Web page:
IN 2010, Nigeria, the giant of
Africa and the most populous
black nation, was rated as having
the “happiest people on earth,”
but not anymore.
A latest ranking by World
Happiness Report, a UN agency,
showed that Somalia is ahead
of Nigeria in the list which has
Norway as number one.
According to a report, the
ranking has been published for
the past five years, during which
the Nordic countries-Norway,
Denmark, Iceland, Switzerland
and Finland, have consistently
topped the list.
Analysis done by TheCable
shows that between 2014 and
2016, Nigeria ranked the 95th
position, coming below the North
African countries – Algeria, Libya,
Morocco, Somalia, which ranked
53rd, 68th, 84th, 93rd respectively.
Within the same period, Nigeria
was rated the 6th happiest African
country, with Algeria topping the
list.
The World Happiness Report
measures “subjective well-being”
– how happy the people are, and
why.
The rankings are based on “all
the main factors found to support
happiness: caring, freedom,
generosity, honesty, health,
income and good governance.”
It mainly relies on asking a
simple, subjective question of
more than 1,000 people every
year in more than 150 countries.

“Imagine a ladder, with steps
numbered from 0 at the bottom to
10 at the top,” the question read.
“The top of the ladder
represents the best possible life
for you and the bottom of the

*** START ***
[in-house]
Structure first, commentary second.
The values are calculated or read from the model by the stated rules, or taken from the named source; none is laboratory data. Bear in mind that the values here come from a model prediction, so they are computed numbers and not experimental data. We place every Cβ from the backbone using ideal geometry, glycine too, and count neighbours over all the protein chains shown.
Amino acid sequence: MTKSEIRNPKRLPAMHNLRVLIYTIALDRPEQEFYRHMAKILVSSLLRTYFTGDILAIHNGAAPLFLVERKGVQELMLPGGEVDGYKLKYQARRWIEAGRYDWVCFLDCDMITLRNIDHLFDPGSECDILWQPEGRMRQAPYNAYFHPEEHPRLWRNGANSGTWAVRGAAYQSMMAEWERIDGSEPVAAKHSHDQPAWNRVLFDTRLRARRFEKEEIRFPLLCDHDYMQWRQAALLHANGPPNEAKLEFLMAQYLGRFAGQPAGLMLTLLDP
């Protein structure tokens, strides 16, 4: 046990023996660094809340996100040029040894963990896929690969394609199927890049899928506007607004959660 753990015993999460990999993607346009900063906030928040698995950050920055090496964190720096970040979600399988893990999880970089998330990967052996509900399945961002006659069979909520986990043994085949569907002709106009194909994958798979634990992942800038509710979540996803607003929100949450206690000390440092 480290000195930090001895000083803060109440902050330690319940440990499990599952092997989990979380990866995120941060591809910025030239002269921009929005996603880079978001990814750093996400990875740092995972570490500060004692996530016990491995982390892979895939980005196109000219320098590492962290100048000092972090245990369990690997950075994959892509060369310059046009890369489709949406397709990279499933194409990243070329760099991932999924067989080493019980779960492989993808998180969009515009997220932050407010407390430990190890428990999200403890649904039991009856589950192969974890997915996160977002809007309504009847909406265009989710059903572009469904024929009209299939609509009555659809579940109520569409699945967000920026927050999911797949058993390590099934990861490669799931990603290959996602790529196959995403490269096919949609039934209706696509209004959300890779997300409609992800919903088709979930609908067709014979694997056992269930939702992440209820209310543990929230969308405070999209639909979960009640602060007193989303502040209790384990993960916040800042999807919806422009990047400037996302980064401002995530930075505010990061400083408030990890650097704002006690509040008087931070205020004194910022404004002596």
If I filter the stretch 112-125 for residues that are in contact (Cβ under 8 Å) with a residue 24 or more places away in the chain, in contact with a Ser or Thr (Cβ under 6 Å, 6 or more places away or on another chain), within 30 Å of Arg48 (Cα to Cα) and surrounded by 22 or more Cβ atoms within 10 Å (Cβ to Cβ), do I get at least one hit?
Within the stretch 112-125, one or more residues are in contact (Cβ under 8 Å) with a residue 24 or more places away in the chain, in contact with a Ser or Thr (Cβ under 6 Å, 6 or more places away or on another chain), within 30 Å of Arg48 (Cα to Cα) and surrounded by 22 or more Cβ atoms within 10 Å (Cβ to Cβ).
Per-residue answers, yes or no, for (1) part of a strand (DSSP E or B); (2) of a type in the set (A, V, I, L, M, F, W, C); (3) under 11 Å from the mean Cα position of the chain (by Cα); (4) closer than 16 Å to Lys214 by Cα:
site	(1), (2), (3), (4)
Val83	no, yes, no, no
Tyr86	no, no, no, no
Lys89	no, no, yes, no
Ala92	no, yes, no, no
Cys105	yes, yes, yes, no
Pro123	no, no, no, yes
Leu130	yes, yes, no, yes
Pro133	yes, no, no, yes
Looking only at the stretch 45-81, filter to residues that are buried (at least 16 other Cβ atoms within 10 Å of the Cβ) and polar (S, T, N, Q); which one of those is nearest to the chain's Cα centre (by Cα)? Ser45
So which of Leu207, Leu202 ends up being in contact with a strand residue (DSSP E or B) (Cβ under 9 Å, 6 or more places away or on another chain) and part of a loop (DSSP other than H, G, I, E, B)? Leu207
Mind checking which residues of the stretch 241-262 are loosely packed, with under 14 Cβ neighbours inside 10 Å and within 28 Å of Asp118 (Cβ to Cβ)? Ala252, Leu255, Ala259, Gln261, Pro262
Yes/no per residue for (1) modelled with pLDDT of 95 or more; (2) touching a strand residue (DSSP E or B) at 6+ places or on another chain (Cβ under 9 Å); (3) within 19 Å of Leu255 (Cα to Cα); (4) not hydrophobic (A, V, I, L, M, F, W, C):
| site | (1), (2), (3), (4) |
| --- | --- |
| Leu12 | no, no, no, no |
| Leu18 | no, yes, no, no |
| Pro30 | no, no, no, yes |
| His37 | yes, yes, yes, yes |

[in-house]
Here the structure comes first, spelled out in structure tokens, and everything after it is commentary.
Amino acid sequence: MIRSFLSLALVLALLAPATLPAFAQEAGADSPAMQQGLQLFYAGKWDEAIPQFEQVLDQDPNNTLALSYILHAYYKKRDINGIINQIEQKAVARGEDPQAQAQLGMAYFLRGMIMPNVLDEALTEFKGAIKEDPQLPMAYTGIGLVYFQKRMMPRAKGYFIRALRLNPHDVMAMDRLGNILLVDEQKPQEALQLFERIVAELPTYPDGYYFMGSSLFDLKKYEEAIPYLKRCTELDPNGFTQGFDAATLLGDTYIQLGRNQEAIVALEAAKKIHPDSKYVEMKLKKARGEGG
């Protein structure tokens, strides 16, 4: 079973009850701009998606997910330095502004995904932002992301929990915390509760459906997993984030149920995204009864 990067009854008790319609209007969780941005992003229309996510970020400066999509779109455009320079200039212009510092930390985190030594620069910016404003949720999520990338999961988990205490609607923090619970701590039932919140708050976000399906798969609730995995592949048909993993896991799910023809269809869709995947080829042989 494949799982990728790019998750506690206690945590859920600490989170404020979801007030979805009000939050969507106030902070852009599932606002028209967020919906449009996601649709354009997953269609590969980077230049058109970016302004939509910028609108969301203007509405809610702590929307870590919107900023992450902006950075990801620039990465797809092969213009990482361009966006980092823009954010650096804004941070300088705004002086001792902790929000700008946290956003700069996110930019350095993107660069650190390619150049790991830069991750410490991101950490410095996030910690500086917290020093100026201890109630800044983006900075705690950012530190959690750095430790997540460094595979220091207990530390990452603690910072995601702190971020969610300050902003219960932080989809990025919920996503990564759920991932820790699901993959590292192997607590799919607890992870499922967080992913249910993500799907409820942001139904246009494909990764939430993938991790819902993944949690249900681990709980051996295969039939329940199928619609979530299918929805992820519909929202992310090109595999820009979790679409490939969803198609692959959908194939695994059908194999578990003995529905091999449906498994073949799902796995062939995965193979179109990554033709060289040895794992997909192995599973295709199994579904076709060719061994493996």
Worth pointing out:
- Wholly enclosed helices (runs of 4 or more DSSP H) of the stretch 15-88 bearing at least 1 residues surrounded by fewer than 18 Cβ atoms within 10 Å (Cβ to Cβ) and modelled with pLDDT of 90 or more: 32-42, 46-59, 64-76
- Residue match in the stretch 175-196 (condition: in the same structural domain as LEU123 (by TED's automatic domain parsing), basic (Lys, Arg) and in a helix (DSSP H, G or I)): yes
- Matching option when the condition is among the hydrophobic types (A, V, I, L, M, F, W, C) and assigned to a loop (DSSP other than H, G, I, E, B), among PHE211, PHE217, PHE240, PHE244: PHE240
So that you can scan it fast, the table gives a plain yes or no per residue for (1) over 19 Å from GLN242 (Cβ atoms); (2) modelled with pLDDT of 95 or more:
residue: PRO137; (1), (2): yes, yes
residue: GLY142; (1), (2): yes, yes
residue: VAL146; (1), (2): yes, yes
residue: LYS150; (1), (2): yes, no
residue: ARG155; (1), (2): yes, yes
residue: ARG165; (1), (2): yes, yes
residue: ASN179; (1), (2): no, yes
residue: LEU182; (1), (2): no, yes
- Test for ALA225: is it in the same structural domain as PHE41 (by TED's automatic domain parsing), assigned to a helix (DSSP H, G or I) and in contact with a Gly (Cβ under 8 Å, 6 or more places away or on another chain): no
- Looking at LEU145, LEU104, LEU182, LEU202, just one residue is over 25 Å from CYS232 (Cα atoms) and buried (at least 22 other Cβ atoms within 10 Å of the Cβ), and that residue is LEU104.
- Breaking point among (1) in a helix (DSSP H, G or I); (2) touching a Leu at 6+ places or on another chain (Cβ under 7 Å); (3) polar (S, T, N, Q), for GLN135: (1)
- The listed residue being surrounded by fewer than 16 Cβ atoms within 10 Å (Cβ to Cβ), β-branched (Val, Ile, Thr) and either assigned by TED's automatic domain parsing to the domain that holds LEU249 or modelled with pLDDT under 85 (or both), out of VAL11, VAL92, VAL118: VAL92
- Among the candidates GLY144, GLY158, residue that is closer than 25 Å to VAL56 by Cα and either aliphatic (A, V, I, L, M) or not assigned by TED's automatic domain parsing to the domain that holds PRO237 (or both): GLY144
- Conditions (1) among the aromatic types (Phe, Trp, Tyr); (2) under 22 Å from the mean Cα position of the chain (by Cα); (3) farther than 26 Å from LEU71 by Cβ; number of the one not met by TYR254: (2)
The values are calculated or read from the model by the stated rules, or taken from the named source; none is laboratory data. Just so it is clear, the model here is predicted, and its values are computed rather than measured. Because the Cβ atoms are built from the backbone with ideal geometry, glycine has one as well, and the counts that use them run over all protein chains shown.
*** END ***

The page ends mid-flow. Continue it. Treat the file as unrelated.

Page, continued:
ladder represents the worst
possible life for you. On which
step of the ladder would you say
you personally feel you stand at
this time?”
The average result is the
country’s score – ranging from
Norway’s 7.54 to the Central
African Republic’s 2.69. But
the report also tries to analyse
statistics to explain why one
country is happier than another.
It looks at factors including
economic strength (measured in
GDP per capita), social support,
life expectancy, freedom of
choice, generosity, and perceived
corruption.
The report also stated that
sub-Saharan African countries,
especially the conflict stricken
nations, have predictably low
scores, with Syria ranking 152 of
155 countries.
Yemen and South Sudan,
which are facing impending
famine, came in at 146 and
147, respectively, while Central
African Republic ranked 155th.
Nigeria is currently undergoing
challenges like economic
recession and insurgency. Could
this be the reason why we keep
dropping on the list?


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